Richard Bland just won’t go away at WGC-Match Play

Richard Bland has advanced at the WGC-Match Play

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He was supposed to just be a one-day story.

It was a nice story, to be fair. Last summer at Torrey Pines, there was Bland, 48 years young, playing in the U.S. Open, the fourth major championship of his career. He’d earned a berth on the back of a playoff victory at the British Masters, his first win on a major professional tour, a win that had come in his 562nd career start (he turned pro in 1996).

The man from Staffordshire, England had lost and reclaimed status on the European Tour (now the DP World Tour) five times, most recently in 2018, when he’d plummeted to No. 700 in the world by year’s end. He’d wept after that British Masters win. But somehow, at the U.S. Open’s halfway point, he was the co-leader.

“It’s nice to give these gym-goers a run for their money,” he said after his second round.

There are often feel-good stories at major championships; unlikely characters temporarily appear on leaderboards before inevitably fading as the lights get brighter and the herd thins on the weekend. Wrack your brain for memories of 22-year-old amateur Paul Dunne contending at the 2015 Open Championship. Of 17-year-old Beau Hossler leading the 2012 U.S. Open. Of 818th-ranked Jason Gore in the final group at the 2005 U.S. Open. Seventy-two holes is long enough for most feel-good stories to go up in flames.

Bland obliged; he shot 77-78 on the weekend to fade to T50. As expected. He’d had his moment in the sun, but it was time to move on. He’d stretched a one-day underdog story into two. That was plenty.

But he’s writing an ending that’s somewhat more complex.

Bland returned to competition two weeks after Torrey Pines and finished T4 at the Irish Open. A month after that he finished T3 at the Cazoo Classic. A month after that? T5 at the Italian Open. A month after that? A T4 at the Dunhill Links.

Need I go on? A steady drumbeat of top-five finishes on the DP World Tour meant this late bloomer kept climbing in the world rankings. He’d cracked the top 80 by the end of 2021 and just kept churning; he finished solo second at the Slync.io Dubai Desert Classic to climb to No. 53.

Those ranking numbers mean increasingly more as they get smaller. Top 64 means you get into the WGC-Match Play. Top 50? That means a late-stage invitation to the Masters. Bland entered this week in Austin at No. 60 in the world, and he’s desperately hoping that by the time he leaves he’ll be top 50 instead.

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In his first pool play match, Bland took on 28-year-old protein refrigerator Bryson DeChambeau and played him to a draw. On Day 2 he took down Talor Gooch.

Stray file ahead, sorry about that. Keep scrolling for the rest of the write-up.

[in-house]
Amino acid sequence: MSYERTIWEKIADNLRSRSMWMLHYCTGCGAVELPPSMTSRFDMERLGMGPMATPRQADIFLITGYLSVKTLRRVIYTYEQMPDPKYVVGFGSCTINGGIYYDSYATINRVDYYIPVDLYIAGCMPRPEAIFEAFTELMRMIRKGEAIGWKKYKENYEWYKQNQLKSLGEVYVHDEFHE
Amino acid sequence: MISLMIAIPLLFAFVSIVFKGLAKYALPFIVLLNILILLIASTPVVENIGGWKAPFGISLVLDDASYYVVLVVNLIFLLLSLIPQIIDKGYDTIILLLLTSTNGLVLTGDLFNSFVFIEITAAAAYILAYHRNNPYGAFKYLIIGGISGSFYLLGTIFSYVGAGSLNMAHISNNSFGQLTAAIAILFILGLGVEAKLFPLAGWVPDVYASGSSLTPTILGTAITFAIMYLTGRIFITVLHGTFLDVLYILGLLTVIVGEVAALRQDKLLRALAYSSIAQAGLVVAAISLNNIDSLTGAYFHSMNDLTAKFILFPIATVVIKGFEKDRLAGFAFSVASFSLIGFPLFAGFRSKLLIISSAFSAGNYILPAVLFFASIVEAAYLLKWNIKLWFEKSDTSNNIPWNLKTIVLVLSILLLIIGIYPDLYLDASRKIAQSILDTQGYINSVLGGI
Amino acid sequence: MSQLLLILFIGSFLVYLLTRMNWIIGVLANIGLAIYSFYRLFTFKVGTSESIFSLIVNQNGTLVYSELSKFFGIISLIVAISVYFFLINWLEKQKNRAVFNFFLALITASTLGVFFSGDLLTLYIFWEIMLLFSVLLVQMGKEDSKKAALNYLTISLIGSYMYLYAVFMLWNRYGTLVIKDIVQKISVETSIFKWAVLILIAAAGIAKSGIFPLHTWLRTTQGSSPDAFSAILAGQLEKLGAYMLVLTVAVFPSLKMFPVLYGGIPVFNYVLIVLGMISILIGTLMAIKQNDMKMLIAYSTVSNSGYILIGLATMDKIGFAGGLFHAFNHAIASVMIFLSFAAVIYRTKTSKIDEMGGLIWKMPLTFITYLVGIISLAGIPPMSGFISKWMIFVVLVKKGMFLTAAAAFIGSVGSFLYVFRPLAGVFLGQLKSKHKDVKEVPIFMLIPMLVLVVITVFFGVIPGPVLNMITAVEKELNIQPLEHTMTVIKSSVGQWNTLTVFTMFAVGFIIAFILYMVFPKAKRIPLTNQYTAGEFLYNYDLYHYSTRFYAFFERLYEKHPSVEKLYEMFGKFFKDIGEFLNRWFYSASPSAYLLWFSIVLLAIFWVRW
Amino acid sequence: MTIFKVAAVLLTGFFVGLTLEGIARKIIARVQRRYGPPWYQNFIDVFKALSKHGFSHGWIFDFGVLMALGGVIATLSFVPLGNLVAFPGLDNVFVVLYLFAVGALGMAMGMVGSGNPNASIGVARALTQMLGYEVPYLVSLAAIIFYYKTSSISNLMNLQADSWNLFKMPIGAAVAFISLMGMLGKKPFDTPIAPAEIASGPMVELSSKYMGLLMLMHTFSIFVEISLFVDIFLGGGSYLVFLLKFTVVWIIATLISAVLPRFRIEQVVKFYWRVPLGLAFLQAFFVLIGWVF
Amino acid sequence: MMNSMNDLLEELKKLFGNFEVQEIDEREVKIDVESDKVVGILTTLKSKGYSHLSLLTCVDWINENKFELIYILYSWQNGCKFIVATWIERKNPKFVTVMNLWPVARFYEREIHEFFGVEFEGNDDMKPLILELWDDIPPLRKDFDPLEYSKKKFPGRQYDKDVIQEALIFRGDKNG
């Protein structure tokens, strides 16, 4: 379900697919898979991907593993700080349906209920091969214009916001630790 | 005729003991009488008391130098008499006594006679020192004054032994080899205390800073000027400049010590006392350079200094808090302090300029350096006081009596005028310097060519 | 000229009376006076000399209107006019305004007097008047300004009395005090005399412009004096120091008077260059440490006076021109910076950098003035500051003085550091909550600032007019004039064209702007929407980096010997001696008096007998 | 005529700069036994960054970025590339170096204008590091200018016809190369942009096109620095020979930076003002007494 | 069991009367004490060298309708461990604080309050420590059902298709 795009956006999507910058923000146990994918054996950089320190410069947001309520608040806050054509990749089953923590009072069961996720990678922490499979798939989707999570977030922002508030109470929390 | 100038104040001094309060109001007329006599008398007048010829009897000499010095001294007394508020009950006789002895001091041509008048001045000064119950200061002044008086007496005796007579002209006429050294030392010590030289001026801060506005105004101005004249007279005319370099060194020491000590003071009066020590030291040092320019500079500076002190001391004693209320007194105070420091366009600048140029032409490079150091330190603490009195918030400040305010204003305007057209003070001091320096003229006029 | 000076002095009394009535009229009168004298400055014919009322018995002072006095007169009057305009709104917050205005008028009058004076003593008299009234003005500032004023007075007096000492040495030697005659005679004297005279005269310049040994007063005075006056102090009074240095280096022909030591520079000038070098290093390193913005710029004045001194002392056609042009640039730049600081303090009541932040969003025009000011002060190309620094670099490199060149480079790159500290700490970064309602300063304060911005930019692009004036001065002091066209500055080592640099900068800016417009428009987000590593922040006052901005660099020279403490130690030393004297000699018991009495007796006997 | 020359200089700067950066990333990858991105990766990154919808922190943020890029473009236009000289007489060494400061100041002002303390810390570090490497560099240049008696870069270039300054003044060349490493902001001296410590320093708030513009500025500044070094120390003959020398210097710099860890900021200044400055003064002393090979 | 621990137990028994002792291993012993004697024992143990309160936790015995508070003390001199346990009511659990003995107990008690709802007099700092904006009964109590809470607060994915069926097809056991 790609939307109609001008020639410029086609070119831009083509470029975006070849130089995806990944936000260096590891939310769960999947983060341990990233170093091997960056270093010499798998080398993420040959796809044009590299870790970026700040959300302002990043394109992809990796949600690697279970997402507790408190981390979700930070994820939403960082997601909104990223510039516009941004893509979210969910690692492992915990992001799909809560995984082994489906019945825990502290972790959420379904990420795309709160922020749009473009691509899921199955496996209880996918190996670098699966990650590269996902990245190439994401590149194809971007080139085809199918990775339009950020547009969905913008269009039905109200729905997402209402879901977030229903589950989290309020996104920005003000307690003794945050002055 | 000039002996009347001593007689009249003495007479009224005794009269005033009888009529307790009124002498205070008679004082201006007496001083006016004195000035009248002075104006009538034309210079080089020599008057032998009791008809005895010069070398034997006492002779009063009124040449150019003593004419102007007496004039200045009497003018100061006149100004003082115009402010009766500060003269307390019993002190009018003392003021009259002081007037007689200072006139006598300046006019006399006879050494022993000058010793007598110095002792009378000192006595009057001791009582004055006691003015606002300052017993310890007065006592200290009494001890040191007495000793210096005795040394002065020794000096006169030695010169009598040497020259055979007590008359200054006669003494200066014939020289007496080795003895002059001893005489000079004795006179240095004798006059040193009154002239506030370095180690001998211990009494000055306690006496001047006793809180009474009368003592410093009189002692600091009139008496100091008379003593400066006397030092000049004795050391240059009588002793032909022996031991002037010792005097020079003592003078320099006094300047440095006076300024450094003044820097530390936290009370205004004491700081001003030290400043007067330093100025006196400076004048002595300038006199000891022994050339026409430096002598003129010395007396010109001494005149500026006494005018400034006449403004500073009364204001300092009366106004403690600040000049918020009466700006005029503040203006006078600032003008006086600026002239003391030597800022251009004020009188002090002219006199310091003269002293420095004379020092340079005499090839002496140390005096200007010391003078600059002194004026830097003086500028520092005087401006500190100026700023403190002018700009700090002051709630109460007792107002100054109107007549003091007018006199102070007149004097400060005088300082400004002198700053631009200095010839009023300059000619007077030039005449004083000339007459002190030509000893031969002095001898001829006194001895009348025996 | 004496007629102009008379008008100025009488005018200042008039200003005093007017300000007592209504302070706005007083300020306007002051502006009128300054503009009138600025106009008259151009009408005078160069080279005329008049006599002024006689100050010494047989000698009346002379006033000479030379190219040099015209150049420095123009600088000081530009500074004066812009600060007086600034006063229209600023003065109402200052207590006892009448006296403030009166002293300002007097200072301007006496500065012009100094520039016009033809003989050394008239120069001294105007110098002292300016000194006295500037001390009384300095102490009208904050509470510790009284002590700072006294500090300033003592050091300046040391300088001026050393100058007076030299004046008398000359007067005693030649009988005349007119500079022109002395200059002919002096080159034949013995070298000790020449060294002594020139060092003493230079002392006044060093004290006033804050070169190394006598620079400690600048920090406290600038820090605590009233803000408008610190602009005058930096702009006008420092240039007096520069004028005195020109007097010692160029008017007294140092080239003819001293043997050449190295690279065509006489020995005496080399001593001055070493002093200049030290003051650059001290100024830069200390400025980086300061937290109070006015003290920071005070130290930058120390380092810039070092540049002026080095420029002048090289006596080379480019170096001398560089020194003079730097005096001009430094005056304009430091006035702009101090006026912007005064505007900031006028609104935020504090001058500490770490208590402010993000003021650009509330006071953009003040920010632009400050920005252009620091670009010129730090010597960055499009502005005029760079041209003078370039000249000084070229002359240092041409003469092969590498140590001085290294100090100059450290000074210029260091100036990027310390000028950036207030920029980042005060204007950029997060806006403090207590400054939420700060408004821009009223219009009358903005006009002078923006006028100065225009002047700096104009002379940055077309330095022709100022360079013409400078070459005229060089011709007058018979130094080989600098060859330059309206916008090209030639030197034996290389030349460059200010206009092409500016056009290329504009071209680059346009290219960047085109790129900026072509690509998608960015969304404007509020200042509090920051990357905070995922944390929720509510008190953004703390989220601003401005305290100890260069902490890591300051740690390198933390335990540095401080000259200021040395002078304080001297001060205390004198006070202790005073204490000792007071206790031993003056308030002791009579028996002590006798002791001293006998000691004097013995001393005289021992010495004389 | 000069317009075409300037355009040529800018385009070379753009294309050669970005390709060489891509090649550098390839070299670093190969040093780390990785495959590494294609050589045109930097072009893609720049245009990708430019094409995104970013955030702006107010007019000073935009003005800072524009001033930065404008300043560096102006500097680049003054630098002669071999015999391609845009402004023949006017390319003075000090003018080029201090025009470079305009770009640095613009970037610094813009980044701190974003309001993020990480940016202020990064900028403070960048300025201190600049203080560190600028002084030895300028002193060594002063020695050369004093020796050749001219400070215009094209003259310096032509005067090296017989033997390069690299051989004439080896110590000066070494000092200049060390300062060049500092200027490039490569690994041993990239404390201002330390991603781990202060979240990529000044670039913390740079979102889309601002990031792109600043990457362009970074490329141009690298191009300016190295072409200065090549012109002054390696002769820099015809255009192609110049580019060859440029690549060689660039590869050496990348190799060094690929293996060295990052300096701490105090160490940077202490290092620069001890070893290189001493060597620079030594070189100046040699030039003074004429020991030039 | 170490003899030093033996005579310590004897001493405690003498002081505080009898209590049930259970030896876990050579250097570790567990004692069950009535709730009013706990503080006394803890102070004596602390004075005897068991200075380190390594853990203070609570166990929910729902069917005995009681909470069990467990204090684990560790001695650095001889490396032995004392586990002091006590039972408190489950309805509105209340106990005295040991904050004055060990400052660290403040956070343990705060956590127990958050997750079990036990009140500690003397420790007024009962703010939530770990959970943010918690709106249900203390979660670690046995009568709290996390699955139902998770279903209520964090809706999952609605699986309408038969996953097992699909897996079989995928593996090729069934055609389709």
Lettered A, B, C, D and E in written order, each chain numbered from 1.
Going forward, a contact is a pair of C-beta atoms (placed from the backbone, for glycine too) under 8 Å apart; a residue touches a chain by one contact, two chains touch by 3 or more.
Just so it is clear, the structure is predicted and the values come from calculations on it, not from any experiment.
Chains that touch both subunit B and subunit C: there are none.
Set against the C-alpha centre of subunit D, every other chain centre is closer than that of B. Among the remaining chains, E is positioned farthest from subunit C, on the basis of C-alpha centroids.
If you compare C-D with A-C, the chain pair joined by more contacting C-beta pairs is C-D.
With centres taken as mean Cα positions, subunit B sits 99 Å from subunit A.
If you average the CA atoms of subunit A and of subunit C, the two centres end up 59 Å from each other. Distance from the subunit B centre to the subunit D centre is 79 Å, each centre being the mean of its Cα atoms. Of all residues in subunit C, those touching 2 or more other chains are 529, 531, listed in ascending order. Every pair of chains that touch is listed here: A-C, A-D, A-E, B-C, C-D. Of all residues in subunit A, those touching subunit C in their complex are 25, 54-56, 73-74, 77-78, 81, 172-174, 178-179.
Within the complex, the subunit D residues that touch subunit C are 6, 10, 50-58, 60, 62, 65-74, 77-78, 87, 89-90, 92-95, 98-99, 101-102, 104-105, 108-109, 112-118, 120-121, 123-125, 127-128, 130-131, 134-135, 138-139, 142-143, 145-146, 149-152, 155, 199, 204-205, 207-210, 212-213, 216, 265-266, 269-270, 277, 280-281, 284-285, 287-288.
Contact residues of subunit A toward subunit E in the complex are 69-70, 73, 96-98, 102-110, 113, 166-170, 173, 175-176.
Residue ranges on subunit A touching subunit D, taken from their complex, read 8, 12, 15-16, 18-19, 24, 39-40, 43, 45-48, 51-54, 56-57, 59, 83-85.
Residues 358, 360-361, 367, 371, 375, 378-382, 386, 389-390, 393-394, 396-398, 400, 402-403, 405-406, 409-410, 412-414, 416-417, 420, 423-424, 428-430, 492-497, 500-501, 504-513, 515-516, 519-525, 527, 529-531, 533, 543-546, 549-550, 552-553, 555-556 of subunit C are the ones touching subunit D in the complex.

“There’s a lot to play for, certainly for me,” he said post-round.

And on Day 3 he defeated Lee Westwood, a fellow forty-something Brit who he’s known for more than three decades. On he goes, through to the round of 16, world ranking points accumulating. After the round he was asked, at age 49, what he thinks of his story. His answer showed that he knows we’ve been watching and marveling.

“The messages that I get from people all over the globe over the last 12 months have been incredible,” he said. “People that you never will ever meet and they tell me their story, that what I’ve done has inspired them to carry on their journey. They were losing a little bit of hope, and [wondering] ‘Am I going down the right path?’, and it’s given them that extra sort of belief that they are on the right path.

“Reading them is quite emotional. I will always keep them,” he added. “Whenever this phone gets upgraded or whatever, all those messages will stay forever. That’s something that I will cherish very deeply.”

Bland’s likely opponent in the round of 16? Longtime World No. 1 Dustin Johnson. He shrugged off the matchup.

“I’m clearly the underdog, so the underdog’s never got anything to lose,” he said.

Life is good for Bland. He thinks ahead, looking to Roger Federer and Rafa Nadal and 64-year-old Bernhard Langer for inspiration, mulling over a run on the PGA Tour Champions. His wife is coming in Saturday. The couple had to change plans; they were supposed to go to New York to celebrate her birthday but will reroute to San Antonio, where Bland has been given a sponsor’s exemption into the Valero Texas Open. A potential last chance to win and get in.

It’s only fitting that such a late bloomer is extending his time in golf’s little spotlight. World ranking calculations are never simple, but if Bland wins one more match, he’ll likely make the jump into the top 50, guaranteeing himself a spot in the Masters field. After all these years, the game still surprises him.

“I think with the 12 months that I’ve had, that would be a pretty nice sort of cherry on the top,” he said.

The man named Bland remains anything but.

Dylan Dethier

Dylan Dethier

Golf.com Editor

Dylan Dethier is a senior writer for GOLF Magazine/GOLF.com. The Williamstown, Mass. native joined GOLF in 2017 after two years scuffling on the mini-tours. Dethier is a graduate of Williams College, where he majored in English, and he’s the author of 18 in America, which details the year he spent as an 18-year-old living from his car and playing a round of golf in every state.